Freshness for your skin
A smooth, glowing complexion that has never seen a pimple in its life could be anyone's goal, but it doesn't necessarily equate to healthy skin.
Your skin is the largest organ in your body, and like any other organ, its health starts from the inside. With constant collagen production and a regular rate of cell turnover, healthy skin should feel comfortable and hydrated. It's not about being poreless and flawless. It's about having a skin that works as designed.
The layers of the skin and what affects it
The only layer of skin you can actually see is the epidermis, the one on top. Its job is to serve as a barrier against the outside world, preventing bacteria and foreign substances from entering the body. But despite having such a critical job, it also happens to be the thinnest layer of skin and therefore the most vulnerable to environmental factors like the sun.
To stay healthy, the epidermis relies on the layer below it – the dermis – for hydration. This is where the blood vessels, hair follicles, oil and sweat glands and nerves live, all bound together by collagen and elastin to give the skin flexibility and strength.
Sometimes that thin top layer of the epidermis struggles to retain moisture, so it ends up irritated, flaky and dry. In this case the skin can start an exaggerated oil production. Too much oil can clog follicles, causing breakouts that push their way up to the epidermis.
Then, at the deepest level of your skin, is the hypodermis, where your body stores fat to keep you warm and protect your body from injury. When this area loses volume so does your skin, leaving it less plump and more prone to damage.
On average, new cells are created every 27 days to replace existing ones. This minimizes the build-up of acne-causing dirt and bacteria, as well as gradually healing the inflammation and pigmentation left behind by any blemishes that once existed on your skin.
How to keep skin healthy?
So with all of this in mind, what makes for healthy skin? Even though sometimes it seems like mother nature has other plans for your skin, with the right precautions it is possible to protect it from the wear and tear of everyday life.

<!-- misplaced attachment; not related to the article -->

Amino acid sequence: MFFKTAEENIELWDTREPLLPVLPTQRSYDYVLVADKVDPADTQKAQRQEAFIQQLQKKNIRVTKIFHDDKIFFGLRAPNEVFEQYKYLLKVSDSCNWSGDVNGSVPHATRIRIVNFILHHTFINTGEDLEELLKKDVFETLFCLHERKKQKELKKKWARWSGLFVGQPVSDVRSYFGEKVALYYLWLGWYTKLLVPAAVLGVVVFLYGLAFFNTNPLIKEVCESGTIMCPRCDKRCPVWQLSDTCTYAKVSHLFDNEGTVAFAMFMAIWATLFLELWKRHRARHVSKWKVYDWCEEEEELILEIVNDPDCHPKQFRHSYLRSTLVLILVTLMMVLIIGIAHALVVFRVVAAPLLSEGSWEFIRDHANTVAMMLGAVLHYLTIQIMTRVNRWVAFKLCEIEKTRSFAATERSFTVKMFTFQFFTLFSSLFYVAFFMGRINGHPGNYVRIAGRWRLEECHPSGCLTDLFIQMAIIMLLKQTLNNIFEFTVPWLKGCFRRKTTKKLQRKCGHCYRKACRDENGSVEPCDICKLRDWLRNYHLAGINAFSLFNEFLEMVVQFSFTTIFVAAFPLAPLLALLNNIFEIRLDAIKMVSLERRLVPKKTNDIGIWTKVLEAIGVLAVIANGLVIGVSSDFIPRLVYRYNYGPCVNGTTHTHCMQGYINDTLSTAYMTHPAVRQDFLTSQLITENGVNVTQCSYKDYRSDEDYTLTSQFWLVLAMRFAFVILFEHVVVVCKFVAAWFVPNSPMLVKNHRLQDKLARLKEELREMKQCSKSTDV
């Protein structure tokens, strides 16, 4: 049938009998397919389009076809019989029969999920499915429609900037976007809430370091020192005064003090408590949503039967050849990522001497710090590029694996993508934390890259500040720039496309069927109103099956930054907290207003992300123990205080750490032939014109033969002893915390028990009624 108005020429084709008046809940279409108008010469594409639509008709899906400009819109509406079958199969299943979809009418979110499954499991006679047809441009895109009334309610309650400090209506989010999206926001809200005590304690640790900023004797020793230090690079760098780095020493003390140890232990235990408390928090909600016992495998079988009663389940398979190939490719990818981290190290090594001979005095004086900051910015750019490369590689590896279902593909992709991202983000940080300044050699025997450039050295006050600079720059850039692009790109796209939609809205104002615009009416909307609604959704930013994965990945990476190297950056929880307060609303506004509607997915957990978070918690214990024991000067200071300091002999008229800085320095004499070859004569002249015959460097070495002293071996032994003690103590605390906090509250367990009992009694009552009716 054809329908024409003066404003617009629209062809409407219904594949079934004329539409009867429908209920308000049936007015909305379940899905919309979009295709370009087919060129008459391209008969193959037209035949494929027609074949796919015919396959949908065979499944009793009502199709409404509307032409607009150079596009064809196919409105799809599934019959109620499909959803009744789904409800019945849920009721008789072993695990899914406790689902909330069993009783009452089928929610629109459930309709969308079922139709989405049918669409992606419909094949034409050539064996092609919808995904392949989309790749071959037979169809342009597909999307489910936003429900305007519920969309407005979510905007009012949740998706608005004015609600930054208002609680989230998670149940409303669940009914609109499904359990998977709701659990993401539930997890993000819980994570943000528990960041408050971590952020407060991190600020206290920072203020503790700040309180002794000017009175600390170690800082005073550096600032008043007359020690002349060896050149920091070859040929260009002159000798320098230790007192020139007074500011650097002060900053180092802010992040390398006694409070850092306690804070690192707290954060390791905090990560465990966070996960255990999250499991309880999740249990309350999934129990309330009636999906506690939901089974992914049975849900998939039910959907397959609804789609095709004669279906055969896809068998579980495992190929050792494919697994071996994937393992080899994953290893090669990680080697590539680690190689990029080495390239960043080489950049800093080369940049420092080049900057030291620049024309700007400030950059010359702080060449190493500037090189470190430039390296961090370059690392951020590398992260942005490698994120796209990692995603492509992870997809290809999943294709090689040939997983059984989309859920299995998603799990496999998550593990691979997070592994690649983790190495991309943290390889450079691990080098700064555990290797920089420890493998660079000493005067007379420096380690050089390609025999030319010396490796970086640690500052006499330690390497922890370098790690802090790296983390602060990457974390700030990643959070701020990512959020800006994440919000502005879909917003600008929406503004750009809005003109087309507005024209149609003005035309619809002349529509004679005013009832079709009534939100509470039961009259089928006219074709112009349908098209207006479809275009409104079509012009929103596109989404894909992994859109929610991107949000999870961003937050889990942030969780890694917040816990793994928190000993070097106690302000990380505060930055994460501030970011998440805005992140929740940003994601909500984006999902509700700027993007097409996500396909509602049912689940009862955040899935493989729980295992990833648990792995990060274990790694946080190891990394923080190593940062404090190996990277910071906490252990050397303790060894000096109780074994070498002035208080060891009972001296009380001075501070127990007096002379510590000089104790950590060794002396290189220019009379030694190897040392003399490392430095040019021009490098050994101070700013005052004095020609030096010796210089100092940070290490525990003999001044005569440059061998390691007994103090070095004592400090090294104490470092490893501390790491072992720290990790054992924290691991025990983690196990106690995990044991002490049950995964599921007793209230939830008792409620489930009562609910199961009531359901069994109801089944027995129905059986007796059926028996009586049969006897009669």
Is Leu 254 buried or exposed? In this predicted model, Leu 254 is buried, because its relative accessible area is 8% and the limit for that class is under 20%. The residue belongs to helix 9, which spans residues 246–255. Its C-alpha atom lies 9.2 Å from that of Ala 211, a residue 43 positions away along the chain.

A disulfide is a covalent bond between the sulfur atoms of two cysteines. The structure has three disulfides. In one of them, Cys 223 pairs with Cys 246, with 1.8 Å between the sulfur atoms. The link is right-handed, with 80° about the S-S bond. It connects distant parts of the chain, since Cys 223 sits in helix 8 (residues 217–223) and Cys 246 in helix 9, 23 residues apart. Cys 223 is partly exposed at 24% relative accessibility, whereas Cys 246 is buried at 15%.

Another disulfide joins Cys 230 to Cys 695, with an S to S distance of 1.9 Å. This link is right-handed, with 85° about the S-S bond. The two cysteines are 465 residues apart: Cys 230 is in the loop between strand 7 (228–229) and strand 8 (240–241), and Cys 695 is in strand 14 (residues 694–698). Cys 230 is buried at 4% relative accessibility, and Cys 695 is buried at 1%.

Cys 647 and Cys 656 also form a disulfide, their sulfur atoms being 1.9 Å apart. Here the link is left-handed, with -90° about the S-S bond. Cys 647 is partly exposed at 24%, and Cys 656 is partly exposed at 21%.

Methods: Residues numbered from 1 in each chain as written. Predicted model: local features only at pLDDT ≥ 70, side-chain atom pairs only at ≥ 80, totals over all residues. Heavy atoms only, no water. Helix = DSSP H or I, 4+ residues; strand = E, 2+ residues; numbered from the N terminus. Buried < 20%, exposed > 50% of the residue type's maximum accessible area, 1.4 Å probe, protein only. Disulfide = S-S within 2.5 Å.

Skin care is usually the first port of call for any skin problem, but the amount of advice in the world is overwhelming and it can be tempting to try it all at once. Different product combinations work well for some skin types, but make others worse. However, a few simple practices make up the most effective routines.
Instead of overloading your skin with too many ingredients, too soon, choose to use the basics. The basics of any skincare routine should be a cleanser, moisturizer and sunscreen. Once you've found the right combination for you, you can gradually introduce other products based on your skin's needs, making it easier to spot anything that might be irritating. Lavender water can be an effective soothing solution for any skin type. Lavender is known for its soothing and restorative properties, so using products that contain it could be extremely beneficial for your skin care without worrying about unwanted side effects.
Introduce exfoliants slowly – physical exfoliants will remove dead skin cells, but can be too harsh for some people and lead to redness or swelling. Chemical exfoliants can penetrate further for deeper exfoliation, keeping skin fresh and glowing. Just make sure you slowly introduce them into your routine. Too much too quickly can cause inflammation and damage the skin barrier.
A big help in keeping your skin healthy could be using an antioxidant that helps increase cell renewal, stimulate collagen, reverse the effects of sun damage, and regulate the amount of oil your skin produces.